Swipe om te navigeren naar een ander artikel
This paper describes the initial evaluation of the Therapist-Parent Interaction Coding System (TPICS), a measure of in vivo therapist coaching for the evidence-based behavioral parent training intervention, parent–child interaction therapy (PCIT). Sixty-one video-recorded treatment sessions were coded with the TPICS to investigate (1) the variety of coaching techniques PCIT therapists use in the early stage of treatment, (2) whether parent skill-level guides a therapist’s coaching style and frequency, and (3) whether coaching mediates changes in parents’ skill levels from one session to the next. Results found that the TPICS captured a range of coaching techniques, and that parent skill-level prior to coaching did relate to therapists’ use of in vivo feedback. Therapists’ responsive coaching (e.g., praise to parents) was a partial mediator of change in parenting behavior from one session to the next for specific child-centered parenting skills; whereas directive coaching (e.g., modeling) did not relate to change. The TPICS demonstrates promise as a measure of coaching during PCIT with good reliability scores and initial evidence of construct validity.
Log in om toegang te krijgen
Met onderstaand(e) abonnement(en) heeft u direct toegang:
American Psychiatric Association. (2000). Diagnostic and statistical manual of mental disorders (4th ed., Text Revision). Washington DC: Author.
Bahl, A. B., Spaulding, S. A., & McNeil, C. B. (1999). Treatment of noncompliance using parent child interaction therapy: a data-driven approach. Education & Treatment of Children, 22(2), 146–156.
Barkley, R. (1987). Defiant children: A clinician’s manual for parent training. New York: Guilford Press.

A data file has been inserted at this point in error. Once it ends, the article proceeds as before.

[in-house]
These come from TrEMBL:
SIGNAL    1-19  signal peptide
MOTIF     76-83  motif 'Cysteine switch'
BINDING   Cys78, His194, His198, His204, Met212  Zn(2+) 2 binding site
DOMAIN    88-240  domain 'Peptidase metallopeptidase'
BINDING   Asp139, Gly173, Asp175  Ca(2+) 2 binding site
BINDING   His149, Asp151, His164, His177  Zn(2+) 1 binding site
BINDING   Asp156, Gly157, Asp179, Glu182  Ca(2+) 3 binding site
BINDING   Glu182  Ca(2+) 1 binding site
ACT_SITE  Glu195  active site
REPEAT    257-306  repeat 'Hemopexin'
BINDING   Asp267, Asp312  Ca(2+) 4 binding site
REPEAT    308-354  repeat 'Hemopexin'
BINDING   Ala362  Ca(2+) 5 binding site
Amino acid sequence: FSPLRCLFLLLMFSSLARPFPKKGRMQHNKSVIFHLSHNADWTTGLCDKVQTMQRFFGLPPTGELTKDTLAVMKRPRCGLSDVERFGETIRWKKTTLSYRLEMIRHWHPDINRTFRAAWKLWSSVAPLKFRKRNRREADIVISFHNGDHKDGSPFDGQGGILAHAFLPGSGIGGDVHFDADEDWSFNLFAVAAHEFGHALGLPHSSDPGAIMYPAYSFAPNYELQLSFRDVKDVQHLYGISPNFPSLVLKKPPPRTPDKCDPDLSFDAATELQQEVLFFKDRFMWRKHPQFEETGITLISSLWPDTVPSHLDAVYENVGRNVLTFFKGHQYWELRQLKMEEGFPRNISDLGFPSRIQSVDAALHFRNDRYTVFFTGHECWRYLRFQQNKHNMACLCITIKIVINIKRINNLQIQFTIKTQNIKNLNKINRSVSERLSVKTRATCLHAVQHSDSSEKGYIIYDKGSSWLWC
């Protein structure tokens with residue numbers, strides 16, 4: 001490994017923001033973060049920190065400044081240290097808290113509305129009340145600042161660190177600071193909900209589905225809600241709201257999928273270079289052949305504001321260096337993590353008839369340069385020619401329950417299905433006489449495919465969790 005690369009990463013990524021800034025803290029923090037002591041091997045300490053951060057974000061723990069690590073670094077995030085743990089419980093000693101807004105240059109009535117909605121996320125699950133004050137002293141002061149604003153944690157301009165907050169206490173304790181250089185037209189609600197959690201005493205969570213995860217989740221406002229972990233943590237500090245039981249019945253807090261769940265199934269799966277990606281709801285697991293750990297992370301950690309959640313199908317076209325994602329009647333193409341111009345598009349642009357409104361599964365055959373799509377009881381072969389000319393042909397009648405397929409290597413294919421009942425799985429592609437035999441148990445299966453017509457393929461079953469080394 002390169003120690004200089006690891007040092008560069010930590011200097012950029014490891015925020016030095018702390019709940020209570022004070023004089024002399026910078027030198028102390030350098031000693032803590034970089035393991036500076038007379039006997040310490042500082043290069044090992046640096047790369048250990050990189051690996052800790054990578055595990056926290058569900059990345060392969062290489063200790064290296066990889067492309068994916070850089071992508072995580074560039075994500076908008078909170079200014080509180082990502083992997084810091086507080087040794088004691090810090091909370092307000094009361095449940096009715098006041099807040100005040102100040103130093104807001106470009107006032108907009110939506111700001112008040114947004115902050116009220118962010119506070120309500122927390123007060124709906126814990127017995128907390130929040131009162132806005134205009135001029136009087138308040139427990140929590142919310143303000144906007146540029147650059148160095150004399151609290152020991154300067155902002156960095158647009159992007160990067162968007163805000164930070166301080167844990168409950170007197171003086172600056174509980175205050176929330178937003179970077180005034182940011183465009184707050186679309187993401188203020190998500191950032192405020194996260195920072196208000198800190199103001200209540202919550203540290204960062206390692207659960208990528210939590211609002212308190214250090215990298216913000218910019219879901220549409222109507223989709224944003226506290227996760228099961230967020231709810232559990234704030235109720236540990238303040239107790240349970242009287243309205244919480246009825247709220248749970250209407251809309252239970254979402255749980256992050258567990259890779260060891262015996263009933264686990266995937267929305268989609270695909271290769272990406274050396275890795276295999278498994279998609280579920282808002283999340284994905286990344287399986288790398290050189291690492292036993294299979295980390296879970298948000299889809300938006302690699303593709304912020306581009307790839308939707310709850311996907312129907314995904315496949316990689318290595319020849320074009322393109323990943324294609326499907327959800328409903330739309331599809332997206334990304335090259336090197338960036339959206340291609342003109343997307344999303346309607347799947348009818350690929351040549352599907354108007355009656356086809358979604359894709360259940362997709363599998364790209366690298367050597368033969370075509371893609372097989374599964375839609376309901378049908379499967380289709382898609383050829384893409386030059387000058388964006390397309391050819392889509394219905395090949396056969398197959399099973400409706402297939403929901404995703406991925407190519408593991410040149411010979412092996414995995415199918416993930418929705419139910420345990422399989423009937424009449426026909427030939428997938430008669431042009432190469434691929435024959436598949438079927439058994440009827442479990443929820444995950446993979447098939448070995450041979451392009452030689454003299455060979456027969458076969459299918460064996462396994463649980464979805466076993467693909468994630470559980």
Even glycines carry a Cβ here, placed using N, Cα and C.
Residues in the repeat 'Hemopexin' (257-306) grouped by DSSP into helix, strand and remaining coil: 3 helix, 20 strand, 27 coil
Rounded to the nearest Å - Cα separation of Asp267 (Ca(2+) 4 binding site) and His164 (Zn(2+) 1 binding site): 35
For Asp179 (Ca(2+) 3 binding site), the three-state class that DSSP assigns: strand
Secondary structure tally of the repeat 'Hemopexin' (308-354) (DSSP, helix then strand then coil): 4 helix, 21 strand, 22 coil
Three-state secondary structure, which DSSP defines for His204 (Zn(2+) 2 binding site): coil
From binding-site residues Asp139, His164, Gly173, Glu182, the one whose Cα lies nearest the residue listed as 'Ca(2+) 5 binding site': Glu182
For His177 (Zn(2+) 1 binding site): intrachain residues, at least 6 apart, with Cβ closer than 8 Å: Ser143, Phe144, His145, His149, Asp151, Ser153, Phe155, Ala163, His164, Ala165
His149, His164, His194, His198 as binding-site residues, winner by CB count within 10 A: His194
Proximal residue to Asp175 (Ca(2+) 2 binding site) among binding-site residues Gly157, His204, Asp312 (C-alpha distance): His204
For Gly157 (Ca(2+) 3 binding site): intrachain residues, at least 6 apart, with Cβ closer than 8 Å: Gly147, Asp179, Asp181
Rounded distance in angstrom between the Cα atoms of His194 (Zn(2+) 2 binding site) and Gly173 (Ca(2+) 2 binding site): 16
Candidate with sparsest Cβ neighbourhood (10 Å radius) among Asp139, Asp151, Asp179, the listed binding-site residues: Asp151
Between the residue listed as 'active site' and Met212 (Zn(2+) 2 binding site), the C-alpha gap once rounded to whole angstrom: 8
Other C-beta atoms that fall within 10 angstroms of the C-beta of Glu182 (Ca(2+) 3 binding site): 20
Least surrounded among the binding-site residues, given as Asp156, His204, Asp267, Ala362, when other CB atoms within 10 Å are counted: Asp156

Bell, S. K., & Eyberg, S. M. (2002). Parent–child interaction therapy: a dyadic intervention for the treatment of young children with conduct problems. In Innovations in Clinical Practice: A Source Book, 20, 57–74.
Eames, C., Daley, D., Hutchings, J., Whitaker, C. J., Jones, K., Hughes, J. C., et al. (2009). Treatment fidelity as a predictor of behaviour change in parents attending group-based parent training. Child: Care, Health and Development, 35(5), 603–612. doi: 10.1111/j.1365-2214.2009.00975.x.
Eyberg, S. M., & Funderburk, B. W. (2011). Parent–child interaction therapy: Treatment manual. Unpublished manuscript, University of Florida at Gainesville.
Eyberg, S. M., Nelson, M. M., Duke, M., & Boggs, S. R. (2005). Manual for the Dyadic parent–child interaction coding system (3rd ed.), Unpublished manuscript, University of Florida, Gainesville.
Forehand, R., & McMahon, R. (1981). Helping the noncompliant child: A clinician’s guide to parent training. New York: Guilford Press.
Harwood, M. D., & Eyberg, S. M. (2004). Therapist verbal behavior early in treatment: Relation to successful completion of parent-child interaction therapy. Journal of Clinical Child & Adolescent Psychology, 33(3), 601–612. doi: 10.1207/s15374424jccp3303_17.
Herschell, A. D., Capage, L. C., Bahl, A. B., & McNeil, C. B. (2008). The role of therapist communication style in parent–child interaction therapy. Child and Family Behavior Therapy, 30, 13–35. CrossRef
Kenny, D. A., Kashy, D. A., & Cook, W. L. (2006). Dyadic data analysis. New York: Guilford Press.
McNeil, C. B., & Hembree-Kigin, T. (2010). Parent–child interaction therapy (2nd ed.). New York: Springer Science & Business Media. CrossRef
Niec, L. N., Barnett, M. B., Prewett, M., Triemstra, K., & Shanley, J. (2013). Group versus individual parent-child interaction therapy: A randomized control trial. Manuscript in preparation. Mt. Pleasant, MI: Central Michigan University.
Niec, L. N., Gering, C., & Abbenante. (2011). Parent–child interaction therapy: The role of play in the behavioral treatment of childhood conduct problems. In S. Russ & L. Niec (Eds.), An evidence based approach to play in intervention and prevention: Integrating developmental and clinical science. New York: Guilford Press.
Watson, J. C., & McMullen, E. J. (2005). An examination of therapist and client behavior in high- and low-alliance sessions in cognitive-behavioral therapy and process experiential therapy. Psychotherapy: Theory, Research, Practice, Training, 42(3), 297–310. doi: 10.1037/0033-3188.8.131.527. CrossRef
- Assessing the Key to Effective Coaching in Parent–Child Interaction Therapy: The Therapist-Parent Interaction Coding System
Miya L. Barnett
Larissa N. Niec
I. David Acevedo-Polakovich
- Springer US
Journal of Psychopathology and Behavioral Assessment
Print ISSN: 0882-2689
Elektronisch ISSN: 1573-3505